Exhibitions Hitchcock, beyond suspense
Exhibitions Hitchcock, beyond suspense

The collection traces a journey through Hitchcock's life, his icons, the collaborators who brought quality to his work, his portrayal of women, the way he depicts his era and the twists in his plots.

Espacio Fundación Telefónica
C/ Fuencarral, 3, Madrid
3 floor
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05
Oct 2016
05
Feb 2017
L M X J V S D
10:00 - 20:00
Guided tours: Tuesday 12:00| 18:00 Wednesday 18:00 Saturday 12:00 Guided visits or visits with a private guide +info

The collection traces a journey through Hitchcock's life, his icons, the collaborators who brought quality to his work, his portrayal of women, the way he depicts his era and the twists in his plots.

Film directors live with their films while they are shooting them. They are their children. And everything seems to indicate that when moving pictures are really artistic they will have been be created entirely by one man
Alfred Hitchcock

An exhibition that shows Hitchcock as an artist, auteur and creator who controlled every aspect of his films. The collection traces a journey through Hitchcock’s life, his icons, the collaborators who brought quality to his work, his portrayal of women, the way he depicts his era and the twists in his plots.

Alfred Hitchcock (1899-1980) was the master of the cinema of suspense, but his work goes far beyond the stereotypes of the genre. Hitchcock is considered to be one of the most brilliant creators of the 20th century and a figure still difficult to classify even decades after his death. Hitchcock was an icon of his age who knew how to combine commercial demands with his own unique style of work. Images from Rear Window, Vertigo or Psycho exude a fascination and power that have become modern icons.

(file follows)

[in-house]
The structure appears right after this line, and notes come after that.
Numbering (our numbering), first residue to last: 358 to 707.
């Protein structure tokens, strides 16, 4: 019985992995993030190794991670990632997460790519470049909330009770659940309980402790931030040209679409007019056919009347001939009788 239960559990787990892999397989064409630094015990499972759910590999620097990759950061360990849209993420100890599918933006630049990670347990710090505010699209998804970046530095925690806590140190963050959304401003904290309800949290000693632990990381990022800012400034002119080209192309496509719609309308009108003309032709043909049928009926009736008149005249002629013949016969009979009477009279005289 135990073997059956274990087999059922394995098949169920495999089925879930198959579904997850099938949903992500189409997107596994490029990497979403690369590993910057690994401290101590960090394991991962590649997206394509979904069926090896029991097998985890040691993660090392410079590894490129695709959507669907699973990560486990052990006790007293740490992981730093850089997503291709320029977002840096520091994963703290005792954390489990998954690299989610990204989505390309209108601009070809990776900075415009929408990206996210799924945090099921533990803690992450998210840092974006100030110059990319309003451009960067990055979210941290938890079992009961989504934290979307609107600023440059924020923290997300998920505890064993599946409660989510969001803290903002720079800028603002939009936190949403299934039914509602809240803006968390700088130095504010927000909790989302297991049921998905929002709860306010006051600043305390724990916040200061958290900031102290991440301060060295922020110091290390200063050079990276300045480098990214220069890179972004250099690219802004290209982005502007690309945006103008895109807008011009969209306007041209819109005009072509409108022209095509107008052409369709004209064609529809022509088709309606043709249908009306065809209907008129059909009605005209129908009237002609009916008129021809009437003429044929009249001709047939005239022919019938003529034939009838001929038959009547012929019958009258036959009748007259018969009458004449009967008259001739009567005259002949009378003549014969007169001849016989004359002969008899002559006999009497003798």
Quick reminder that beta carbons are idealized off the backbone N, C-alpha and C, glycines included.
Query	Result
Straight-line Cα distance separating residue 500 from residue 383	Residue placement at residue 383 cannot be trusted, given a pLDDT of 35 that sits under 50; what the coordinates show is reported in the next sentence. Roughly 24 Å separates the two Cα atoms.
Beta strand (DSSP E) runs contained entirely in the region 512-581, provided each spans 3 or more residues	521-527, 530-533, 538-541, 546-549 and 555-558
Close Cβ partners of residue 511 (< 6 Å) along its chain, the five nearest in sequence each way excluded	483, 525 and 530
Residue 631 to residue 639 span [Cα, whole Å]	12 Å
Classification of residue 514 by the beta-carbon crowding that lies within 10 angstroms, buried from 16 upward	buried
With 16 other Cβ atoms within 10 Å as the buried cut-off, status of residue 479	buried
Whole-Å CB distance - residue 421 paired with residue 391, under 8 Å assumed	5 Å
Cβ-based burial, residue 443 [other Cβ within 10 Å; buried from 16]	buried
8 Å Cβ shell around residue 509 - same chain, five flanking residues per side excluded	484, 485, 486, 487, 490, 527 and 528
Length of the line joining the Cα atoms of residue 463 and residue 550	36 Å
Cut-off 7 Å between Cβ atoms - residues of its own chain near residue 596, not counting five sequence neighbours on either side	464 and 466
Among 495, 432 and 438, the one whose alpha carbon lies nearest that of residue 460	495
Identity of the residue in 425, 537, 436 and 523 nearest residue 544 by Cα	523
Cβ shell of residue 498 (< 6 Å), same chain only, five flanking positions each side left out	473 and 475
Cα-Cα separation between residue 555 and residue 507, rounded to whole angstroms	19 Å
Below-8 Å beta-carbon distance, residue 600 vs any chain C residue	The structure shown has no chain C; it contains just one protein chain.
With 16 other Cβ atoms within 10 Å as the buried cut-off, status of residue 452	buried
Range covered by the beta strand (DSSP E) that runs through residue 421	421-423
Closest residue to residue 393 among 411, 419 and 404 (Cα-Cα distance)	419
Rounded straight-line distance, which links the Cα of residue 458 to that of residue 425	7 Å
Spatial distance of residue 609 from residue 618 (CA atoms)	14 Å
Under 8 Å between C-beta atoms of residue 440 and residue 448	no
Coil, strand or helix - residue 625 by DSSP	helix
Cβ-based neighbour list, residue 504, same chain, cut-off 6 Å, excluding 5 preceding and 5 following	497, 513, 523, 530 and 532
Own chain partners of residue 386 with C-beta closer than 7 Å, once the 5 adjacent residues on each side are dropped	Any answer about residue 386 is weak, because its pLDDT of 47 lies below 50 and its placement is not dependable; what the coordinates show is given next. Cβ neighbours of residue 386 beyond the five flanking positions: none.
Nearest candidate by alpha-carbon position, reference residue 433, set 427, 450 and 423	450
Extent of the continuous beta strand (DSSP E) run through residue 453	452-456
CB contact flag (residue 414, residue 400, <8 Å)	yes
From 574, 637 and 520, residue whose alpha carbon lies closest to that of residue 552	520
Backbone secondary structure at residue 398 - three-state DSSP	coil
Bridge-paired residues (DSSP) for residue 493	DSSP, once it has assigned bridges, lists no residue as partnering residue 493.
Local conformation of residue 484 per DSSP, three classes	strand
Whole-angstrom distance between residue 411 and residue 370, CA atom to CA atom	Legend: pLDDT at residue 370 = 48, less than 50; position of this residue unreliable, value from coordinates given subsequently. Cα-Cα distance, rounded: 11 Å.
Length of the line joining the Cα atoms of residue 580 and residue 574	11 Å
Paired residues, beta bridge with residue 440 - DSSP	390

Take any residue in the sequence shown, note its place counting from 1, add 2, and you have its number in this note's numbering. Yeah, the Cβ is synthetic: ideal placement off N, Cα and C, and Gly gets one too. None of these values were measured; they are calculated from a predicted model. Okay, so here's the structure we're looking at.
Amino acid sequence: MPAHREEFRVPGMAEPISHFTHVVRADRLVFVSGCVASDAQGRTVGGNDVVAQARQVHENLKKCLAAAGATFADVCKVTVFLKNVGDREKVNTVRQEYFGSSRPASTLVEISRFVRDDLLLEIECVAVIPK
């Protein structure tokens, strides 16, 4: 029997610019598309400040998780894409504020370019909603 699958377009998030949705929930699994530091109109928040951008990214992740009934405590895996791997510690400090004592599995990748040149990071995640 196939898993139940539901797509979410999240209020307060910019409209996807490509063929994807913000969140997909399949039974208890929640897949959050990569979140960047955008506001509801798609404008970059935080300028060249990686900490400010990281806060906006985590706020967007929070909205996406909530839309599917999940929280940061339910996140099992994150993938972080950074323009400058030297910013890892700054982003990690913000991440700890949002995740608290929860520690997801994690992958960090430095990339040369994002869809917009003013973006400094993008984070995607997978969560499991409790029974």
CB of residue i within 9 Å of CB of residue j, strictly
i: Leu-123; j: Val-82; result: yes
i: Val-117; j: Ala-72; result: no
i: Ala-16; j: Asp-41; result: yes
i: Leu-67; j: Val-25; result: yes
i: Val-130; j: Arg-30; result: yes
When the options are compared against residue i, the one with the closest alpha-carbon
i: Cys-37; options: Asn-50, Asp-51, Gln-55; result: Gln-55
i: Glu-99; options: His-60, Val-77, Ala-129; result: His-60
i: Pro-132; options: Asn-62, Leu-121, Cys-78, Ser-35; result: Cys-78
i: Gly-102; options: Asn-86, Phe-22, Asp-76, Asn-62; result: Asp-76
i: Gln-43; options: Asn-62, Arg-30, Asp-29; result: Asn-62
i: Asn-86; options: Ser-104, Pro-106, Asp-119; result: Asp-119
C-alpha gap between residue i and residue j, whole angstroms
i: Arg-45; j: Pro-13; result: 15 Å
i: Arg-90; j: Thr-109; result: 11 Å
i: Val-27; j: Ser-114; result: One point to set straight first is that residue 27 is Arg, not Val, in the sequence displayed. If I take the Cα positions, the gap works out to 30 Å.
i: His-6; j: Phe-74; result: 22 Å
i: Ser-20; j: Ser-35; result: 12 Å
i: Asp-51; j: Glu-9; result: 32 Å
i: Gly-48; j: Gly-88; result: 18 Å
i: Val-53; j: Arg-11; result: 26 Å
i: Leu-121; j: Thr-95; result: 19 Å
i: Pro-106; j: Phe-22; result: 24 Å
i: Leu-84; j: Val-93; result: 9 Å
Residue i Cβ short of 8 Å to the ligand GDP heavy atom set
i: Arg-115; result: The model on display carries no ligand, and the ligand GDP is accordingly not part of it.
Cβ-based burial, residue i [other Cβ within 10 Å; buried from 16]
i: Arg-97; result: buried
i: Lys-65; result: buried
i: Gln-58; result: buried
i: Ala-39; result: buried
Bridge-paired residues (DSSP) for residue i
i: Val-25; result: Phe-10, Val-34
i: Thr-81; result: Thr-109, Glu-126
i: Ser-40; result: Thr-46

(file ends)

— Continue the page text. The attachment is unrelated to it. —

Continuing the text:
Hitchcock started to direct films at the end of the 1920s and, throughout the 1930s, he made some of his most well-known work, such as The Man Who Knew Too Much and The 39 Steps. In the 1950s, during his American period, he was recognised as an auteur with a personal vision that was evident in all his work. Supported by French critics, the interview he did with François Truffaut reinforced his position as one of the most popular creators of the 20th century.

The exhibition Alfred Hitchcock. Beyond Suspense, curated by Pablo Llorca, shows Hitchcock as an artist, auteur and creator who controlled every aspect of his films. The collection traces a journey through Hitchcock’s life, his icons, the collaborators who brought quality to his work, his portrayal of women, the way he depicts his era and the twists in his plots.

His collaborators

Hitchcock strictly controlled every aspect of his work, but he surrounded himself with talented and trusted collaborators. The writer Dan Aulier used to say that Hitchcock gave his scriptwriters the “freedom to make a Hitchcock film”. The scriptwriter John Michael Hayes, who wrote Rear Window and The Man Who Knew Too Much, said that he worked well with Hitchcock due to “the brilliant technique and visual knowledge he possessed; as well as his ego and conviction”.

Other examples of fruitful collaborations with Hitchcock were the title credits by Saul Bass, the photographic direction of Robert Burks, the costume designs by Edith Head (winner of eight Oscars), the music of Bernard Herrmann and the work of Alma Reville as assistant director and scriptwriter (and who was also his wife).

 

His icons

pajarosAlfred Hitchcock made great cinema and knew how to connect with the audience. His commercial success gave him the creative freedom to differentiate himself from the rest and stay true to his way of interpreting the medium.
Hitchcock films place a great deal of importance on the visual and emotional responses of the audience. The director was absolutely convinced that anything that could be conveyed with images should not be told in words and this holds true for all his films. This concept originates in the language of the silent movies prior to 1927 and from German expressionism, but was gradually forgotten with the advent of the ‘talkies’. To measure the pace of certain scenes, Hitchcock even resorted to drawing diagrams to demonstrate the rise and fall of the action.